Nor do you have to keep switching up your work as you jump around different web design specializations from brief to brief. You may find that design agencies go the other way and try to cater to different niches at once, but then, they tend to have the resources and manpower to keep those plates spinning.
Regardless of which camp you find yourself in, you might switch your focus from time to time, so your portfolio needs to reflect this so that you’re armed and ready for selling your current specializations to any prospective design business clients.
Don’t worry about having too many technical bells and whistles on display in your portfolio. Just show some examples that display the very best in modern design.
5. You’re Trying to Break into a New Industry
If you’re trying to jump into a new industry, you’ll have to cater your portfolio around the kind of new work you want to be involved with.
A good case study to look at are the web design trends in the gaming industry. Much like the industry itself, visuals and hardware take great leaps forward very quickly, so it takes work to come up with a web design portfolio that reflects these advances.
Because graphics are such a huge part of the games industry itself, video game web design puts an emphasis on visual fidelity and playability, along with an ability to match the tone of the game in question.
This could be for a popular title like Casino Austria Online that millions of players enjoy every day. Or it could satisfy the aesthetics of the game’s setting, like science fiction, gothic, or cyberpunk.
Whatever the case, you would have to create a web design portfolio that could show off your visual flair and design chops in an up-to-date manner to keep in step with the industry you’re trying to break into.
6. You Need to Flex Your Web Design Creative
As a designer, you might have gotten comfortable with tried and tested methodologies in your work that you can usually rely on to meet the goals set in the client’s brief.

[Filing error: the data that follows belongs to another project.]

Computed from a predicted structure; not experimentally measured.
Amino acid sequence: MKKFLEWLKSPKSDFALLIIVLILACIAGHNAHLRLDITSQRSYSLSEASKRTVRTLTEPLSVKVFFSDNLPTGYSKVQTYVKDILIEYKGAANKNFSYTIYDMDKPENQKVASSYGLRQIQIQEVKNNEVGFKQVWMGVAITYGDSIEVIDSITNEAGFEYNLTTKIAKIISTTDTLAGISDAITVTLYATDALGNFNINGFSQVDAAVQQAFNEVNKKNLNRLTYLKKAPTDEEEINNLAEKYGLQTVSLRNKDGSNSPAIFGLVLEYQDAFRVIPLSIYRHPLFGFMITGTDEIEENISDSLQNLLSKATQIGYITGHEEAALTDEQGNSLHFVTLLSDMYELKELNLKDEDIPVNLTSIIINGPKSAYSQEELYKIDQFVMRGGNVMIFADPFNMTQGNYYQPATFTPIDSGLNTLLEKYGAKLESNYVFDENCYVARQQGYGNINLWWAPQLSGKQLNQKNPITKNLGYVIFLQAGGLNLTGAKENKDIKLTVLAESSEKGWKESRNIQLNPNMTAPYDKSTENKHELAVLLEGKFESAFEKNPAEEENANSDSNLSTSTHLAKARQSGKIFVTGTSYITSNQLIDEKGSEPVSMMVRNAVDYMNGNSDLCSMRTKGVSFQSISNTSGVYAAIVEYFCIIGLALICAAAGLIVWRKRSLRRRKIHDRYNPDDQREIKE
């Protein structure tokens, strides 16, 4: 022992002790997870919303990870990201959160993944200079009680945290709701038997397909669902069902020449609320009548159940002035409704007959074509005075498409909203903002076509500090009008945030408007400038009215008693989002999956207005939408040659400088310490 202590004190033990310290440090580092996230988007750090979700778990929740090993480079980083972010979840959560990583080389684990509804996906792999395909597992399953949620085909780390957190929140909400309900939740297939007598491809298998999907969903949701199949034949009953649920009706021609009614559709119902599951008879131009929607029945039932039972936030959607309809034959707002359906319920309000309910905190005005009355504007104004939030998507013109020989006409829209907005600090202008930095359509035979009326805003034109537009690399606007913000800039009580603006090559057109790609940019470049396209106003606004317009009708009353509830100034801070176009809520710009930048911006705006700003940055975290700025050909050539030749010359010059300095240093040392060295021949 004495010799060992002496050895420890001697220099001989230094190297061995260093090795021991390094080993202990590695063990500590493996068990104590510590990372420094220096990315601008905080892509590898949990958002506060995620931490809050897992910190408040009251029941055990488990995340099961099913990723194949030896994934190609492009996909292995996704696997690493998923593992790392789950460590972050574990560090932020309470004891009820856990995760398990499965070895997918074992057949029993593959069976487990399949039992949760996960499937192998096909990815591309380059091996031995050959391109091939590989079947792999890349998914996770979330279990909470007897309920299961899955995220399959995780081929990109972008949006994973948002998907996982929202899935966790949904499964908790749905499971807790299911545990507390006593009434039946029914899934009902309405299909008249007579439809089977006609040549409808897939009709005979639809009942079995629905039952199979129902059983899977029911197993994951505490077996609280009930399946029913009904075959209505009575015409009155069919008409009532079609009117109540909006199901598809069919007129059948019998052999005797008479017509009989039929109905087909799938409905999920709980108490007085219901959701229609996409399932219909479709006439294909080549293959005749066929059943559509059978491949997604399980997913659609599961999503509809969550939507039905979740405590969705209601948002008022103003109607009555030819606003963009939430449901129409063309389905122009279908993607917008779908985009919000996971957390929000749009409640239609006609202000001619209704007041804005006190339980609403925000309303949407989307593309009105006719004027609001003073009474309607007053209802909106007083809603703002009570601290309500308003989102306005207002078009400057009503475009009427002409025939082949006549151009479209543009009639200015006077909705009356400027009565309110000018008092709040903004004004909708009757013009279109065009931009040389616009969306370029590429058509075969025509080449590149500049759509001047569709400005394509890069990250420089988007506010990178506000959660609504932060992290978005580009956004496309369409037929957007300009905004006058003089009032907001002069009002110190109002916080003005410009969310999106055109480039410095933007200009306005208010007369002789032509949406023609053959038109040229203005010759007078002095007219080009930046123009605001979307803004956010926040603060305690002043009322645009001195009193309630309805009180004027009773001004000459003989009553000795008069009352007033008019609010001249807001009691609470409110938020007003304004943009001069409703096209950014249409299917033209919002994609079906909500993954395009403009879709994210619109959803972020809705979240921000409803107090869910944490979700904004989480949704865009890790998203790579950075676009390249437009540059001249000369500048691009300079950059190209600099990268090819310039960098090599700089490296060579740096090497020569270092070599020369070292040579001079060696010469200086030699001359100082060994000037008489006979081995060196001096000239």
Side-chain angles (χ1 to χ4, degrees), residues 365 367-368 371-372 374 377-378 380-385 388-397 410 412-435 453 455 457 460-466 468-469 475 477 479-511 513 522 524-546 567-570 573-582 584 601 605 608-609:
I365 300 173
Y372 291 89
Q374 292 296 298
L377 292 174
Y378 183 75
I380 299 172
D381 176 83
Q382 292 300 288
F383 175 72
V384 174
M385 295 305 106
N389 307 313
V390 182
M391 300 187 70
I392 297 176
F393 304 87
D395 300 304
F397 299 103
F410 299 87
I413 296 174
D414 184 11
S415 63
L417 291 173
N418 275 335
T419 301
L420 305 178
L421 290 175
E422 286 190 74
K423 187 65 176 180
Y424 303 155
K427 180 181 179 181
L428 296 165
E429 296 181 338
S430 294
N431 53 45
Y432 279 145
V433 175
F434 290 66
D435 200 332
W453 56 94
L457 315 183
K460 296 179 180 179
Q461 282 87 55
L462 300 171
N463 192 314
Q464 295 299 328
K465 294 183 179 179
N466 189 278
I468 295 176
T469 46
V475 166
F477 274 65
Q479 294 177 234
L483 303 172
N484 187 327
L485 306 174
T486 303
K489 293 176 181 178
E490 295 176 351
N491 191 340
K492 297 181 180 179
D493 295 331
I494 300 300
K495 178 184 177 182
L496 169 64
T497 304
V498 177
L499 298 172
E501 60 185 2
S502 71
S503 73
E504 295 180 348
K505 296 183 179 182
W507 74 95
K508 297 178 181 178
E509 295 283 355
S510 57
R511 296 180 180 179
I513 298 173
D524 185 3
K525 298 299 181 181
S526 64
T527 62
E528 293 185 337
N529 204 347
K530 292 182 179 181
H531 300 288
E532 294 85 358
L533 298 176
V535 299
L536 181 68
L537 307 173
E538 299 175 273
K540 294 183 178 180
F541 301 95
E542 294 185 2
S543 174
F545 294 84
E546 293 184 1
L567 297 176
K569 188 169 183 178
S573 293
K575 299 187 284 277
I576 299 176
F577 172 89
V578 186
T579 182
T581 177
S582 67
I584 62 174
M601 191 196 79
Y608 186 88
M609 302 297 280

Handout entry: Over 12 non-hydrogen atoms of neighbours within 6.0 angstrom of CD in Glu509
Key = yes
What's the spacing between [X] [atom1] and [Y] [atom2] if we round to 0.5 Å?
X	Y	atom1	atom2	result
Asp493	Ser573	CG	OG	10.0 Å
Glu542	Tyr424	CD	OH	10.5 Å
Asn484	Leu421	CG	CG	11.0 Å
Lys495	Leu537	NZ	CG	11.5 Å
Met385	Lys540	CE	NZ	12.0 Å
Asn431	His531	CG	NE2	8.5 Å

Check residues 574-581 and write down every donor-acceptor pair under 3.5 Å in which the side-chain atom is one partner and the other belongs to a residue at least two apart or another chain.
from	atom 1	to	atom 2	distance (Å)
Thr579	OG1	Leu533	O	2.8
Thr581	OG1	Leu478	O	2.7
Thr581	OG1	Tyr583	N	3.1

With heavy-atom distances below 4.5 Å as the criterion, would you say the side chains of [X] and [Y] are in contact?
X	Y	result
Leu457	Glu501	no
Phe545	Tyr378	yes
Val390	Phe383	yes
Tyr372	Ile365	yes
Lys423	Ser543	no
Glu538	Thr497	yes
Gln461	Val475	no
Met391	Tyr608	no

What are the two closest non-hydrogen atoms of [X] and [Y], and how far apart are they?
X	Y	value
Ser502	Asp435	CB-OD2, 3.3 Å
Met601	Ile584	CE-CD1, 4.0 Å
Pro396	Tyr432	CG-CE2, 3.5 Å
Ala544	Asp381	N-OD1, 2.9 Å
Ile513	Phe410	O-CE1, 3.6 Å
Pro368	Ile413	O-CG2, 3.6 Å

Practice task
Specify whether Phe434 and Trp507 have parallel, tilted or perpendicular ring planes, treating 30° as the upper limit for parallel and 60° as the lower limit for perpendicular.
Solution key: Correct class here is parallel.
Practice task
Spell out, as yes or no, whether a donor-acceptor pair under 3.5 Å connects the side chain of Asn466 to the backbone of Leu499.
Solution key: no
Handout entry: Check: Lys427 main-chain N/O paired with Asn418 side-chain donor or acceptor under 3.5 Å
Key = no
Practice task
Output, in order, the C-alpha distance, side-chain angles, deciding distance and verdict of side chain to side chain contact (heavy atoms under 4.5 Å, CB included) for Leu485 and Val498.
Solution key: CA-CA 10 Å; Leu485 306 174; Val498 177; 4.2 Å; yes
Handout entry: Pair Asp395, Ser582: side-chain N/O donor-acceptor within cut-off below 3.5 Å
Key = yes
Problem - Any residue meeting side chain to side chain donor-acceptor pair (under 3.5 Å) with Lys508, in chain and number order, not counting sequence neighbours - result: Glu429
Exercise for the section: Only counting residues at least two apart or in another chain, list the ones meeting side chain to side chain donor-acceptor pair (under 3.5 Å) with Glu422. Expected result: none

The beauty of a portfolio is that it is totally your own creation. It’s designed to show off YOUR talents and web design nous without having to worry about whether the stakeholders will be pleased with the work. While you are still aiming to sell your skills, you can also take some creative license.
Gild your portfolio with work that will turn heads and show what you’re capable of when off the leash. Even if your work doesn’t display the exact type of web design a client is looking for, seeing your passion and ability shine through will also assure them of the confidence you have in your craft.
No doubt they will also be assured that you can turn your talents to whatever web design work they have in mind. A portfolio needs to showcase your web design work, but also show something of your character, so a personal touch can help go a long way and draw people’s attention.
Conclusion: Stand Out from Other Web Designers with an Updated Portfolio
It can be hard to find the time to nurture your portfolio when there might be paid work demanding your attention, and choosing what to fill it with can sometimes be a headache.
But it’s crucial to your future prospects to craft a great first impression that plays to your strengths. A portfolio is the web designer’s version of a resume and should form the foundation of your sales and marketing strategy.
Like any other website, a portfolio needs regular injections of new content to remain relevant, and what might be attracting clients in the here and now could appear outdated next year. Regularly update it to reflect your growth as a designer and showcase new skills and design insights you’ve been picking up along the way.
Even if you just take a day every year to make sure all your samples, copies, and designs are up to scratch, an investment in your web design portfolio is an investment in your future.
When was the last time you updated yours?
Do you have any tips for making the perfect portfolio? Let us know in the comment section below.
Thomas Glare is a passionate freelance content writer, always striving to inspire others and bring insight into the endless possibilities of the modern times we are currently living. He also spent a lot of time collaborating with some prestigious online gaming website, thus being No. 1 expert in matters of gaming. He continues to improve his knowledge and is the co-designer of Fruit Mania, one of the most popular games from Novomatics.